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It’s that time of the year again. Exam results are out, the complementary emotions of euphoria and despair are in the air, confusion is rife, and very little seems to make sense. Just as always, there are those who have no clue what to do next as also those who always thought they knew exactly what they wanted to do but now find themselves in need of introspection, while on the other hand we have those exulting in the spoils of their latest victory and calmly plotting the road ahead. Whichever one of these you or I may be, there is one thing in common to all of us: change, and the need to move forward. For some, it will be the first time you leave school and step out into the real world, and even for those of us who migrated to the so called “junior colleges” two years ago, the challenges and changes in landscape will be just as varied. Further there are those taking an even bigger leap, either going abroad or simply to another city, in both cases claiming independence and the responsibility of fending for themselves.
So am I a middle aged man somewhere hoping to pass his wisdom down to the next generation? Of course not, I am just one among these thousands undergoing transition. However, I happen to be a person of keen observation who enjoys the philosophical nuances of life and has a knack of analyzing and gleaning deep meaning from life experiences with also a heightened sense of maturity (yes I sound narcissistic, but I’m really just paraphrasing people who know me) and thus hope to send the best message possible.
Firstly to those venturing beyond their schools for the first time, especially the ostensibly elite lot hailing from the so called elite schools (I was one of you); school was a highly sheltered environment, the world outside is much more different and challenging, the tags of your elite schools or the fancy and expensive experiences specific to them mean nothing, the sooner you come to terms with this the better. To those of you who have been out of school for a while now, you have undoubtedly already experienced this first hand and have matured in your own right, but you are in transition as much as anyone else is. So to make this generic and relevant to as many people as possible, I wish to highlight two basic aspects, one pertaining to professional life and the other to personal life. Let us begin with the professional; always make your own decisions and when in doubt, do what YOU think is right for you and that which will give you the most satisfaction, and act with conviction, because even if you end up failing at it, you will never regret it and there will be nothing stopping you from moving forward. That to me is very important because regret is the root cause of misery and in my opinion, a sin. Secondly, let us talk a little more about failure. After I passed my 10th standard boards, I managed to gain entry into probably the most highly regarded institution in my stream of the city. So I remember the first English class, our teacher was explaining a poem with something to do with failure and she said, “This is probably the wrong place to talk about failure; you are all too successful and too young to understand it”. I didn’t give it much thought at the time, but when I think of it now, it has a much more profound meaning. We will all face failure at some point, some may already have, while for some it may be unimaginable, but it is in fact inevitable. You will face it, that is a given, but the worst thing you can do when you do is to look at your peers with envy and say, “why me?” because what you must realize is that they too will feel what you are feeling one day and it will be just as unexpected and just as unpleasant. Yes, it’s easier said than done, but then that’s true for almost everything. While this would sound rather controversial and even hypocritical, I believe the sooner that failure comes the better, for that way you experience and learn something very important, very early, which will only help you grow. Finally let us address the personal front; there will be a lot of promises exchanged between friends, couples and the like of always being there in each other’s life and never drifting apart, you may even believe so with all your heart but the truth is, people will come and go in your life. All is ephemeral, none is eternal. The important thing is to ensure that no one is indispensable and that you always recover and move forward, for stagnation is doom. To quote Rudyard Kipling’s If:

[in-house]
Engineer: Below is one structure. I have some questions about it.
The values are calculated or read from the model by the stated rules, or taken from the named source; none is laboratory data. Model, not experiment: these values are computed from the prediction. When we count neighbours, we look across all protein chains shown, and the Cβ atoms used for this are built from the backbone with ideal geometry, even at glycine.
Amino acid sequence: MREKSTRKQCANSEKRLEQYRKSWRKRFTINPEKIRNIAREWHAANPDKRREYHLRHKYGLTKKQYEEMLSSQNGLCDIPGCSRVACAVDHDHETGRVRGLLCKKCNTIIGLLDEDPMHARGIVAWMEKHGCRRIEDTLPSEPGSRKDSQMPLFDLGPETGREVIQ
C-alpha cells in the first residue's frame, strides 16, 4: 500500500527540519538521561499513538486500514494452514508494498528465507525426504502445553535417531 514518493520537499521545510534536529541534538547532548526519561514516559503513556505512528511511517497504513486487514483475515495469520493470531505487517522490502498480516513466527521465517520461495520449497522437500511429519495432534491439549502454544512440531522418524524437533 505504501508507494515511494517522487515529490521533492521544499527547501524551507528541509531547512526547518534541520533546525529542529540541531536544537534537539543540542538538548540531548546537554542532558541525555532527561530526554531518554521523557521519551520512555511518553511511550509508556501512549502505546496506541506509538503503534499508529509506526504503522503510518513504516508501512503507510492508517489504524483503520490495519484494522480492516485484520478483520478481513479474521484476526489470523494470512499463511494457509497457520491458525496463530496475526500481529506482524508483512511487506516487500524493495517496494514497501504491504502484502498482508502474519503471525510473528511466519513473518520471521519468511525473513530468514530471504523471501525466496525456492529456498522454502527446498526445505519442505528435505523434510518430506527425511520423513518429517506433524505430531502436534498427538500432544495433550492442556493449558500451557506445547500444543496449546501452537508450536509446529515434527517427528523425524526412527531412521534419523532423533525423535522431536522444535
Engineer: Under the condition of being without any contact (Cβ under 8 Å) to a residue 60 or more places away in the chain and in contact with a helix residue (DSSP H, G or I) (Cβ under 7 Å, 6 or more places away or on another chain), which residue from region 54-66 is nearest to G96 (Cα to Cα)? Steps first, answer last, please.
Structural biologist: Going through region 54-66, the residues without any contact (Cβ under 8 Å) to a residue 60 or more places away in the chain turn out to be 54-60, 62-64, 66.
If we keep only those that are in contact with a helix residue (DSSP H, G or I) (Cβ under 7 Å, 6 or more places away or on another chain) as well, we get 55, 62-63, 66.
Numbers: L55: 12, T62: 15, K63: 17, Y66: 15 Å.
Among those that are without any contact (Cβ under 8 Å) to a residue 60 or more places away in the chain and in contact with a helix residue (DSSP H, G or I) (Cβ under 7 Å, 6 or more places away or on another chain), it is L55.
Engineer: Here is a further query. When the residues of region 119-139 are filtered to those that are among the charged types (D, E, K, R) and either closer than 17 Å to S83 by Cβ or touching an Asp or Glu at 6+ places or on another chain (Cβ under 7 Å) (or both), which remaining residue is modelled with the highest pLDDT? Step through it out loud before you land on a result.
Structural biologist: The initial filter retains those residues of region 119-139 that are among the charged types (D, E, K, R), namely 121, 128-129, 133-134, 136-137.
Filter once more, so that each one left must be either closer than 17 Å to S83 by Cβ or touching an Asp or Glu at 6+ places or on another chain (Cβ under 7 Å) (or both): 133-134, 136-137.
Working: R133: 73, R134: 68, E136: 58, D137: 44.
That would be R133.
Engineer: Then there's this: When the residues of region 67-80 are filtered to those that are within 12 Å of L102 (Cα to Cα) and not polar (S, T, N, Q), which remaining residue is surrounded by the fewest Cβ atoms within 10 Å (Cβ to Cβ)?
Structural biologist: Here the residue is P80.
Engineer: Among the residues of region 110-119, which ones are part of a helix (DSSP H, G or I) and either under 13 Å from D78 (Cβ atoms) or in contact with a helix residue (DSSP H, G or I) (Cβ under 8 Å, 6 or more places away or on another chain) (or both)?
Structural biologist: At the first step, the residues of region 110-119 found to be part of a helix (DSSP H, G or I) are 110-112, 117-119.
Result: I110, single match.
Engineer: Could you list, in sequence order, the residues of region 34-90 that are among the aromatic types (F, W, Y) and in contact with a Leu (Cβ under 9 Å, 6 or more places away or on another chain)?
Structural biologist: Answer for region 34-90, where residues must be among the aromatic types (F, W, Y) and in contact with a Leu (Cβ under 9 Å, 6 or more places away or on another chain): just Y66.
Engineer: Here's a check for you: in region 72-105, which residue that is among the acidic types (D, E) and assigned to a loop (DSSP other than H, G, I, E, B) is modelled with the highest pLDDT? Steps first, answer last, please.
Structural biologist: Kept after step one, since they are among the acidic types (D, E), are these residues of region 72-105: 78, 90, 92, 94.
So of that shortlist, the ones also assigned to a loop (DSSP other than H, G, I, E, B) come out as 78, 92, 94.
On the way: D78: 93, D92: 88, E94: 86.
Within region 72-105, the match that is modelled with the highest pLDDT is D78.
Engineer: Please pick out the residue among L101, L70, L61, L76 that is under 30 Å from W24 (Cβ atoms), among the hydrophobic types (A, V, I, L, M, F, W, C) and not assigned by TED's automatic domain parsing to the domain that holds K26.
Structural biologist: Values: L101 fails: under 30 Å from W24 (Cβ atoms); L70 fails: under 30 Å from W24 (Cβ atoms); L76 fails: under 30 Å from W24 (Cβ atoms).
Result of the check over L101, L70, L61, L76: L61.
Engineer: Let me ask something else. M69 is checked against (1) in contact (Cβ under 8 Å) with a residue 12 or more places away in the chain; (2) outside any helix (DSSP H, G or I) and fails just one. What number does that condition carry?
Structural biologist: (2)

“If neither foes nor loving friends can hurt you,
If all men count with you, but none too much.”
The guy’s a genius; he basically summarized the long and detailed last paragraph or so in two lines before I even thought of any of this. Well, no matter how all of this sounded to each individual or how it was interpreted, I just hope at least some of you could relate to it and more importantly that it actually helps. Best wishes.